Cadence Design Systems Is a Hidden Gem
As earnings season progresses, investors and analysts are starting to get a true sense of COVID-19 damage.
Despite this turbulence, there are always some great buys in the market.
One of those great buys is Cadence Design Systems, Inc. (Nasdaq: CDNS, Rated “B”). Their most recent quarterly financial results, reported in July, exceeded all key metrics. Managers raised the outlook for 2020 sales and profits.
The San Jose, Calif.-based business is rare. It makes electronic design automation software and hardware. It may seem a bit complicated, but what you need to know is the company helps other businesses design integrated circuits, printed circuit boards and systems on chips.
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These little circuits, boards and systems on chips are behind every interaction on our electronic devices. Every time we swipe on a screen or turn on our modern TV or washing machine, some set of instructions is routed across a maze of circuits, boards and processors.
Without these systems, increasingly designed using Cadence gear, there would be no digital revolution.
For the past five years, Cadence has been a consistent 6% to 9% annual revenue growth business. The company logged $2.3 billion in revenues during 2019. Then, several longer-term bets began to pay off. Next-generation telecommunications equipment infrastructure and networked computing moved to new architectures.
When CEO Lip-Bu Tan guided analysts sales estimates higher at the end of 2019, he noted continued growth across all segments of the business. Data center and 5G reported solid gains. However, Tan was most enthusiastic about AI and machine learning, a part of the business he felt might eclipse the core business over time.
Big data and algorithms are prompting demand from what he called new domain specific accelerators. These tasks demand custom silicon. Increasingly newer and smarter systems on chips and printed boards are being developed for specific healthcare, transportation and manufacturing applications.
This development echoes what is happening at Adobe Inc. (Nasdaq: ADBE, Rated “B”). The company makes no hardware. In a modular new world of public clouds and software as a service, Adobe works in a narrow niche. Still, managers are considering building custom systems on chips. Their partner of choice is Cadence.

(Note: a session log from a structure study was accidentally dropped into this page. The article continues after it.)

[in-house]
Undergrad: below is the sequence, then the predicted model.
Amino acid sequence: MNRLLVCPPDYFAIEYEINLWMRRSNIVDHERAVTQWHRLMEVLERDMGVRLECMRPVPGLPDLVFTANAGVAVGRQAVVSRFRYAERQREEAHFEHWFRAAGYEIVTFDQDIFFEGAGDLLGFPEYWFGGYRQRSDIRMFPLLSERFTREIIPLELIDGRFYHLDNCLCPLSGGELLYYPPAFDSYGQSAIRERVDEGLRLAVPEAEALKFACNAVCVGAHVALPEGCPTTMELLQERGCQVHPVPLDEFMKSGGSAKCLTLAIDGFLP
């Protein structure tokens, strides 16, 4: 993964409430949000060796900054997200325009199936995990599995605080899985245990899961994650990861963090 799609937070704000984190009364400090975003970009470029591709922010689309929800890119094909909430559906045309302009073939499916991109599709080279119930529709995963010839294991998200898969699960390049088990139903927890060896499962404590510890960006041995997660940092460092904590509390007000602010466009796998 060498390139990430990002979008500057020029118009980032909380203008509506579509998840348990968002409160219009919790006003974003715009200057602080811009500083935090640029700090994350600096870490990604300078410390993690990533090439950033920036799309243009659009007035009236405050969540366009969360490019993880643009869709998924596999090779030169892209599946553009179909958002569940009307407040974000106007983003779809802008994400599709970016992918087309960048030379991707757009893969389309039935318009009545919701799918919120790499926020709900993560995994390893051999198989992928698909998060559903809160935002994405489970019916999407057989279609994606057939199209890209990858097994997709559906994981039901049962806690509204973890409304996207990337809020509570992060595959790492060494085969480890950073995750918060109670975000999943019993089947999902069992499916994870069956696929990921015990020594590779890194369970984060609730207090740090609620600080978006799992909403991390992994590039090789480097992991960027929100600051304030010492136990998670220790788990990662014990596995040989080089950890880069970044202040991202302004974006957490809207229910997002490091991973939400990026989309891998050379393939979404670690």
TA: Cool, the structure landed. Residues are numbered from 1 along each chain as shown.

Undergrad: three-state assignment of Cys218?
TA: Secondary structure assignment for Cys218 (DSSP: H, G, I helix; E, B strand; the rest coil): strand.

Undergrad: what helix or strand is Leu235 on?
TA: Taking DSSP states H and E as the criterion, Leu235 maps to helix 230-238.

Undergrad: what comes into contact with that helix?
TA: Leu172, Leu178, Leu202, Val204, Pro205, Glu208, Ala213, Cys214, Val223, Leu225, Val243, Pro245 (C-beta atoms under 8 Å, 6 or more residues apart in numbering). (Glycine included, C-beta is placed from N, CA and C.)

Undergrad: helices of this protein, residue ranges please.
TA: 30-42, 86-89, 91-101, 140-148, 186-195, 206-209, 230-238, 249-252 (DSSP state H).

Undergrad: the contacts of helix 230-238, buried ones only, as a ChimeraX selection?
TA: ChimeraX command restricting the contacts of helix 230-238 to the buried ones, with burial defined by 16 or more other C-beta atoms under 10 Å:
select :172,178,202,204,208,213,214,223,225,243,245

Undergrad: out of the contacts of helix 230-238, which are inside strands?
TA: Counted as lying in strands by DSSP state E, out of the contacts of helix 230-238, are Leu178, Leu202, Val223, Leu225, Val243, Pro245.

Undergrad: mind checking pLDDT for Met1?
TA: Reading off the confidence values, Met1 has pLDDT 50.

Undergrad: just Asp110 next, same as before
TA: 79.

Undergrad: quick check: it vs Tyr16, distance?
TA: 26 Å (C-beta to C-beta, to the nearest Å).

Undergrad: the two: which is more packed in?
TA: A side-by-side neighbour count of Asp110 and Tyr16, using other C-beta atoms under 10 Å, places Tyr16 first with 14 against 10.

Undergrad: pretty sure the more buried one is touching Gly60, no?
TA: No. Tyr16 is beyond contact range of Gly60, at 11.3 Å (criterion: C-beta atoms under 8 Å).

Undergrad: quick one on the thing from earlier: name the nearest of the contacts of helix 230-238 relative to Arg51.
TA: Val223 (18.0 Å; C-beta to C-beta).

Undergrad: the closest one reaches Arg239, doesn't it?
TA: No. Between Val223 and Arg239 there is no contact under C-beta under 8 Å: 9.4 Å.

The new chip business punctuated spectacular second quarter financial results. In a corporate press release, the company announced revenue reached $638 million, up from $580 million a year ago. Operating margins swelled to 24%, even as the company continued to invest in collaborations and its “Cadence Cloud”, a system that lets partners design and verify next generation chips in a secure, virtual environment.
The infrastructure shift was opportune. Before the pandemic, Cadence operated from 50 cites across the globe. The company now functions as a distributed network, operating out of 8,000 sites. Many of these are highly skilled Cadence employees working from home.
Despite the splintered nature of its post-COVID-19 workforce, business is booming.
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The firm now expects 2020 revenue in the range of $2.59 to $2.62 billion, an 11% increase over 2019. Operating margin should be 22%. Given the state of the world, these numbers are shockingly good. Investors sent the stock up 4% in after-hours trading.
Cadence is a rare business because it operates in a niche that is mostly untouched by near-term macroeconomic events. Its customers operate on longer cycles.
For example, Cadence announced in July 2018 that it was awarded a contract by the Defense Advanced Research Projects Agency. The company will help the Pentagon research group automate the design of the next generation of specialized processors and printed circuit boards. That project is moving full steam ahead despite the pandemic.
Cadence trades at 38.2 times forward earnings, near $110.57. Its market capitalization is still only $30.7 billion.
Investors need to keep this on their radar and to use pullbacks as opportunities.
Jon D. Markman